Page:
BBC World Service – Bush House… in numbers

As the Beeb broadcasts its last news bulletin from Bush House today, we look at some fascinating facts about the iconic building


If you should ever find yourself in London and strolling down the Kingsway towards Temple tube station, you’ll come face to face with a grand building situated between Aldwych and The Strand.   


Boasting Doric pillars and a neo-classical portico, Bush House stands out from its surroundings in terms of sheer scale and grandeur. Indeed, you’d never suspect it’s a major broadcasting hub…  

Or was, I should say. You see, Bush House was home to the BBC World Service for 70 years, but Auntie’s international arm made their last broadcast from the place this lunchtime, and from tomorrow operations will shift a little way up the road to Broadcasting House at Portland Place.  

And so, as the BBC’s last remaining techies and journalists prepare to vacate the building for the final time, let’s wave them off with in a flurry of statistics and take a look at Bush House in numbers…  

2…statues over the entrance. Designed by Malvina Hoffman, the two figures who stand atop the building’s entrance holding a torch symbolize Anglo-American friendship and, if hastily re-dressed by the building’s owner, could potentially pass as a vintage Olympic monument to all the tourists who’ll be in town over the summer.  

3…different owners. As with a lot of buildings in Britain, Bush House has gone from being owned by the church, taken over by the state and eventually sold to international property magnates. Bush began life owned by the Church of Wales, was later owned by the Post Office and is now in the hands of the Japanese-owned company Kato Kagaku.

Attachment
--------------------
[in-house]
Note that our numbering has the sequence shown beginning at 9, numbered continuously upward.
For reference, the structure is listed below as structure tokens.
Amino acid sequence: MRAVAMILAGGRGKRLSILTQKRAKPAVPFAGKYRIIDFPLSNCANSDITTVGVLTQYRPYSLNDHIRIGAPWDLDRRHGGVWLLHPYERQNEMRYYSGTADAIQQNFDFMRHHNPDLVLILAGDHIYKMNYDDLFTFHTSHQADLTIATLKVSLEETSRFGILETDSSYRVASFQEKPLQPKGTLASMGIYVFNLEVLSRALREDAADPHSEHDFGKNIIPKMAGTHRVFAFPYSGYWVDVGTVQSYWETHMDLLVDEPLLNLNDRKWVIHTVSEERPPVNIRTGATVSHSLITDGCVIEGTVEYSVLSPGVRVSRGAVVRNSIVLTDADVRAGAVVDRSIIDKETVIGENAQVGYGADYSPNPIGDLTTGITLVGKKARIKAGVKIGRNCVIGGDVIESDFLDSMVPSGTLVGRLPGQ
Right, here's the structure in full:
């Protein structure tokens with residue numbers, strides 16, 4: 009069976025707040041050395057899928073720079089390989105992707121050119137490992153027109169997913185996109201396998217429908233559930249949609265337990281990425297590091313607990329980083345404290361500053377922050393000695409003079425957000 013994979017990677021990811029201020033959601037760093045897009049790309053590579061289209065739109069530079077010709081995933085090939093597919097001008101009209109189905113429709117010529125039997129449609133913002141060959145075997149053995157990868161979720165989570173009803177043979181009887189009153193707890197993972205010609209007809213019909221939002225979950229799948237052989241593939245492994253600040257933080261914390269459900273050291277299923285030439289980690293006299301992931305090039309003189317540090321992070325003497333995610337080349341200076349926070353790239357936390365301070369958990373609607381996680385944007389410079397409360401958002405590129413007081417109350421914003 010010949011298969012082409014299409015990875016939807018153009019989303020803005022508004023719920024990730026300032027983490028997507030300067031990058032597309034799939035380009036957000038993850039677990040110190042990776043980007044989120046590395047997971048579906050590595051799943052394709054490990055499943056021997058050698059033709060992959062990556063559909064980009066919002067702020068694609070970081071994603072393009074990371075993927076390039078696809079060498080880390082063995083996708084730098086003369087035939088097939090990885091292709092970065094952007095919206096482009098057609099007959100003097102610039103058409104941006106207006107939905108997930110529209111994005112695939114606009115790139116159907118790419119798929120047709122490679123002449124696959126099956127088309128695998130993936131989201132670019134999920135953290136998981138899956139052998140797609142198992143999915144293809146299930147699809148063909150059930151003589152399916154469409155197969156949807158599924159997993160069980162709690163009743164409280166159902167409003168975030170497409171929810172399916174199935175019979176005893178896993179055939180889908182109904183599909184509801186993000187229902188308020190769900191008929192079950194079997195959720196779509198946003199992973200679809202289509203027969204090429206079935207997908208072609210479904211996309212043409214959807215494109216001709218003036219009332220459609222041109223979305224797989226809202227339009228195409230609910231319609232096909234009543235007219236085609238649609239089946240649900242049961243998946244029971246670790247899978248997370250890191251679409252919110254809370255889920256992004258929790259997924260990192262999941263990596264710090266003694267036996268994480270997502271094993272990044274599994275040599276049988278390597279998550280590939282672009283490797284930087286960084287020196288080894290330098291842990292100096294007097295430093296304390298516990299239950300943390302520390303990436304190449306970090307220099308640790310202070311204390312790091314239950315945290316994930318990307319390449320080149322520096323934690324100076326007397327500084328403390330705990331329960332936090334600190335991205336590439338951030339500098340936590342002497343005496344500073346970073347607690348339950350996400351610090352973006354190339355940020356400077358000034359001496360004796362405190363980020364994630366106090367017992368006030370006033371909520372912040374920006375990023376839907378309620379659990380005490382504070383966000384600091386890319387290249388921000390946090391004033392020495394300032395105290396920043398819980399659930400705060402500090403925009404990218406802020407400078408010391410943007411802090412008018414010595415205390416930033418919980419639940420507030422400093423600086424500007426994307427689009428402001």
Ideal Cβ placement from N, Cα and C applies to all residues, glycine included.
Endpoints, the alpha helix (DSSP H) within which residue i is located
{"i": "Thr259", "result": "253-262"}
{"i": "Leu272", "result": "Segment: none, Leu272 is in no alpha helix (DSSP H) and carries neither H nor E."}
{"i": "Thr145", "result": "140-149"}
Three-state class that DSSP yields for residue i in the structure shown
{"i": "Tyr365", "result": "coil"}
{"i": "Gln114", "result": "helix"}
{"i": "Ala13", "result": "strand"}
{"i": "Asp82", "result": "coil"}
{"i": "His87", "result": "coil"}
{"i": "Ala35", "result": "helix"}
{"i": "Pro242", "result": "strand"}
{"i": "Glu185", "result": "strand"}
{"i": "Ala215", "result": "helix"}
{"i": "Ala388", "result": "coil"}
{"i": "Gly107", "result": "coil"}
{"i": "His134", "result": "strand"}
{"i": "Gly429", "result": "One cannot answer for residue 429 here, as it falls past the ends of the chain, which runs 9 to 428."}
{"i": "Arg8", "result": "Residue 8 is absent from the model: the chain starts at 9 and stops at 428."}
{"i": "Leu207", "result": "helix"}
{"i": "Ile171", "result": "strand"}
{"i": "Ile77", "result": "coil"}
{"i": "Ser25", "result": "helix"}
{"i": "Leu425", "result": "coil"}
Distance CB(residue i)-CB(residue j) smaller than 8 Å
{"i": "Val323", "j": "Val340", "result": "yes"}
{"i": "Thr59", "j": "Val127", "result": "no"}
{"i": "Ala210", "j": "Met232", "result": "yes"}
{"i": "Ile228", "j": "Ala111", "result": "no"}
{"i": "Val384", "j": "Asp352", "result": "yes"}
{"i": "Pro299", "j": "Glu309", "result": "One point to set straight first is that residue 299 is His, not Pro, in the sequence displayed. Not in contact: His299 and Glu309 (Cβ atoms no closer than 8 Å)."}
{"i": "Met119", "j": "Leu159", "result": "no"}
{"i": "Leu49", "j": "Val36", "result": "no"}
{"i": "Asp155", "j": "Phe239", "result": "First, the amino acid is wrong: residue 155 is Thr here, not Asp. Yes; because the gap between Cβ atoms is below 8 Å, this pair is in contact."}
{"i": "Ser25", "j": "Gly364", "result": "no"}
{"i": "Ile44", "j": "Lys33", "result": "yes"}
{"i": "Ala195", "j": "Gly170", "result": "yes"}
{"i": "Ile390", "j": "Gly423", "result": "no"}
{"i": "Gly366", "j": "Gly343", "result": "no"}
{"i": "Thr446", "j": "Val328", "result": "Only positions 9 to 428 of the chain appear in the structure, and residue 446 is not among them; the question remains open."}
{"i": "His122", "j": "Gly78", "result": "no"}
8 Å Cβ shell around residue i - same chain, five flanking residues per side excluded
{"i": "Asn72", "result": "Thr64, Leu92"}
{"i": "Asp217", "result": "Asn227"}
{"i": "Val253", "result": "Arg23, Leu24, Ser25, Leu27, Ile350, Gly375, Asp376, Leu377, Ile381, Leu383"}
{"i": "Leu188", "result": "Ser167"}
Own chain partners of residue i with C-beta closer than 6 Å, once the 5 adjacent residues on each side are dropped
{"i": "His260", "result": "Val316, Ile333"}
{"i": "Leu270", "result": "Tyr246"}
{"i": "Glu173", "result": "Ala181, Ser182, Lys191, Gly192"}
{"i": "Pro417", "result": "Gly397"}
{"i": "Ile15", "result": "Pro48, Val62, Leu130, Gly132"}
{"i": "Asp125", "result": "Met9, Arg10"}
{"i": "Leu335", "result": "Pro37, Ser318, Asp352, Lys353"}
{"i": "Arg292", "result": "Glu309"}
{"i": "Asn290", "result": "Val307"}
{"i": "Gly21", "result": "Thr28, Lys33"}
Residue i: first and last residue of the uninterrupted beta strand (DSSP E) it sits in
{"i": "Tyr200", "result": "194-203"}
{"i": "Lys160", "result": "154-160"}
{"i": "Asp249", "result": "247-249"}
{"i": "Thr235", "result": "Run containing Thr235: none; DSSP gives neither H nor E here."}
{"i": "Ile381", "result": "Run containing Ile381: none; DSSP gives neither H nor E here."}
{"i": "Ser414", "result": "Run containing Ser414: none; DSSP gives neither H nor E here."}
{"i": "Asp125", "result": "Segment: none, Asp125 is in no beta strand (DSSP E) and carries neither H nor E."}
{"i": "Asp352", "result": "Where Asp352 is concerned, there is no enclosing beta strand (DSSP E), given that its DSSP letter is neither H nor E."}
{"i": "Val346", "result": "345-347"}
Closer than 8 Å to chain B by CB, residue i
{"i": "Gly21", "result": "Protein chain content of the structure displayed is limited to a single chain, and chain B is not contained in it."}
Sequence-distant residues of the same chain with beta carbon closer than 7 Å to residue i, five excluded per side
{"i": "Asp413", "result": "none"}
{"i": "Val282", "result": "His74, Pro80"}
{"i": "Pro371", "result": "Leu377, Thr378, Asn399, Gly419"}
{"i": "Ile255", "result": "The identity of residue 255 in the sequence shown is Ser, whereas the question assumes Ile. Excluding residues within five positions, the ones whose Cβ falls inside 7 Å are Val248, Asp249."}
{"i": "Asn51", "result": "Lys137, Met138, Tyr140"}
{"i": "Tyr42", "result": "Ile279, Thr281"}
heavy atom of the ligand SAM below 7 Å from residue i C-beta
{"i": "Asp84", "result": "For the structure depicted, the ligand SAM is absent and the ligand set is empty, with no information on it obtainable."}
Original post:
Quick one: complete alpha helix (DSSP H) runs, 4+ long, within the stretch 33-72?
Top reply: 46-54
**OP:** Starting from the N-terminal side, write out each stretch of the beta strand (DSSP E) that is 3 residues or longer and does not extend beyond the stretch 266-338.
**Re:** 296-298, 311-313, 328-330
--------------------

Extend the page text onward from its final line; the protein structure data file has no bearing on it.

5…blocks. Astonishingly for a building so large and grand, Bush House is only made up of five seperate building blocks. A bit like the Rolling Stones, in fact, only slightly less eroded.  

10…quid. Is the minimum you’ll be able to bid for any of the contents left in Bush House after the Beeb’s staff are gone and there’s only the building’s infamous ghost remaining there, rattling its chains at the (now heavily discounted) exercise bikes in the BBC gym.  

12…noon. Was the time of the final broadcast made from Bush House. What’s that? You missed it? Never mind, there’s always iPlayer.  

45…languages. At its peak, the World Service staff would be broadcasting in 45 different tongues from Bush House in any one day.   

1925…was when the building first opened. Complete with a swimming pool, if you please.  

1940…the year the BBC World Service (European Service) moved to Bush House after being bombed out of Broadcasting House during the war.   

2,000,000…pounds. Is what Bush House cost when it was built, a price so ostentatious people called it “the most expensive building in the world.” That sum wouldn’t even get you a box room in Chelsea these days…  


239,000,000…listeners around the world. While Britain as a country isn’t boasting much growth at the moment, the number of listeners to the World Service around the globe has recently rocketed thanks in part to the BBC’s coverage of the Arab Spring.